No More Enrons: Why DOJ Doesn’t Prosecute Executives

By on July 13, 2017

July 13, 2017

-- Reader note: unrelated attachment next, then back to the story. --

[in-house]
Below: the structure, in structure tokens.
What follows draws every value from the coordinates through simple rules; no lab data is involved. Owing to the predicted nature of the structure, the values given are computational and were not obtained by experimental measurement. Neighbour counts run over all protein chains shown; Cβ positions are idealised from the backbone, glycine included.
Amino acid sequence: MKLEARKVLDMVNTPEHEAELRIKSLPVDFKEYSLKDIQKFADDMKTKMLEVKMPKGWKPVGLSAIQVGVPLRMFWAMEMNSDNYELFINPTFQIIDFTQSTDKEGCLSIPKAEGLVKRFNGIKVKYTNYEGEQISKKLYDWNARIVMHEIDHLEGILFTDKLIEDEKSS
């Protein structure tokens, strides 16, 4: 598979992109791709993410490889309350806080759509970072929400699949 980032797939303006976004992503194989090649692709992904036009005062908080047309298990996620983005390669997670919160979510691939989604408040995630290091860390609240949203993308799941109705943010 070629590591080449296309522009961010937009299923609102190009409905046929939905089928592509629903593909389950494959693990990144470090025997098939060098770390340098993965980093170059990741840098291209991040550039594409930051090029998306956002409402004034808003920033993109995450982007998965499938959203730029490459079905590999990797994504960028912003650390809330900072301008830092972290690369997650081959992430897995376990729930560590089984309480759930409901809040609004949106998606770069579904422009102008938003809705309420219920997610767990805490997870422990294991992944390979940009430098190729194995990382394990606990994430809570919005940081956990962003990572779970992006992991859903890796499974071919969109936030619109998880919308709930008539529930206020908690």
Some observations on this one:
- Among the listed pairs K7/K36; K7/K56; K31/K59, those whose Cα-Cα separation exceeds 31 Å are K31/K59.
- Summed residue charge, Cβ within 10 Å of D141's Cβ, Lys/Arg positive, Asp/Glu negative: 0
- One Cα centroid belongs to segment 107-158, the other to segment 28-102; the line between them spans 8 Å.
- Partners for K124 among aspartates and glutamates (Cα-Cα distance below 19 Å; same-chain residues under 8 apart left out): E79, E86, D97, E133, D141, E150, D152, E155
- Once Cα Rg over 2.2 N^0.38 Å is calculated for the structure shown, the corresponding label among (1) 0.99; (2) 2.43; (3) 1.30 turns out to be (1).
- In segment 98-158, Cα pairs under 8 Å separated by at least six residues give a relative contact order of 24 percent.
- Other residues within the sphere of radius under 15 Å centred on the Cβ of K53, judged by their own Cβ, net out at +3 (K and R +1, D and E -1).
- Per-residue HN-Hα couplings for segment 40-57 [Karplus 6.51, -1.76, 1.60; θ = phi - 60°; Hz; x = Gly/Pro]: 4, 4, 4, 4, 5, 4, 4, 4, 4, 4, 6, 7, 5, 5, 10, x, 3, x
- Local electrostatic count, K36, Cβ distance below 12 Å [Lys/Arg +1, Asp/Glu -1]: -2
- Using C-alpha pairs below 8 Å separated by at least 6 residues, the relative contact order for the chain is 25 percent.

Many critics have assumed that after the financial crisis of 2008, despite overwhelming evidence of fraud, there was a conscious decision to back off on prosecuting executives – possibly because of the influence of Wall Street in the Obama administration. According to Pulitzer Prize winning author Jesse Eisinger, as detailed in his recent book “The Chickenshit Club: Why the Justice Department Fails to Prosecute Executives,” the explanation is more complicated. He gives the short version in this interview with NPR’s Terry Gross. Fallout from the prosecution of accounting firm Arthur Andersen, he says, was a key factor. The firm was clearly culpable, having destroyed tons of documents related to Enron and refusing to settle a case brought against it by DOJ. Nonetheless the firm’s subsequent demise, with the loss of many jobs, precipitated a backlash from which the DOJ, in a sense, has never recovered. By the time the 2008 financial crisis hit, it had different priorities, a different modus operandi and, crucially, a different “skill set” among its ranks. Another key factor post-2008 was the willingness of DOJ to allow companies to self-investigate and then invoke privilege to keep the most damning evidence out of the hands of prosecutors. The title of Eisinger’s book came from none other than James Comey, the former FBI director who was fired by Donald Trump. Earlier in his career, Comey was U.S. attorney for the Southern District of New York,. He is said to have once, at a meeting, dressed down the district’s hotshot prosecutors with a kind of managerial sucker punch. First he asked how many had never lost a case. When a number of them raised their hands, he turned on them for playing it too safe, using a term that became the title of Eisinger’s book.

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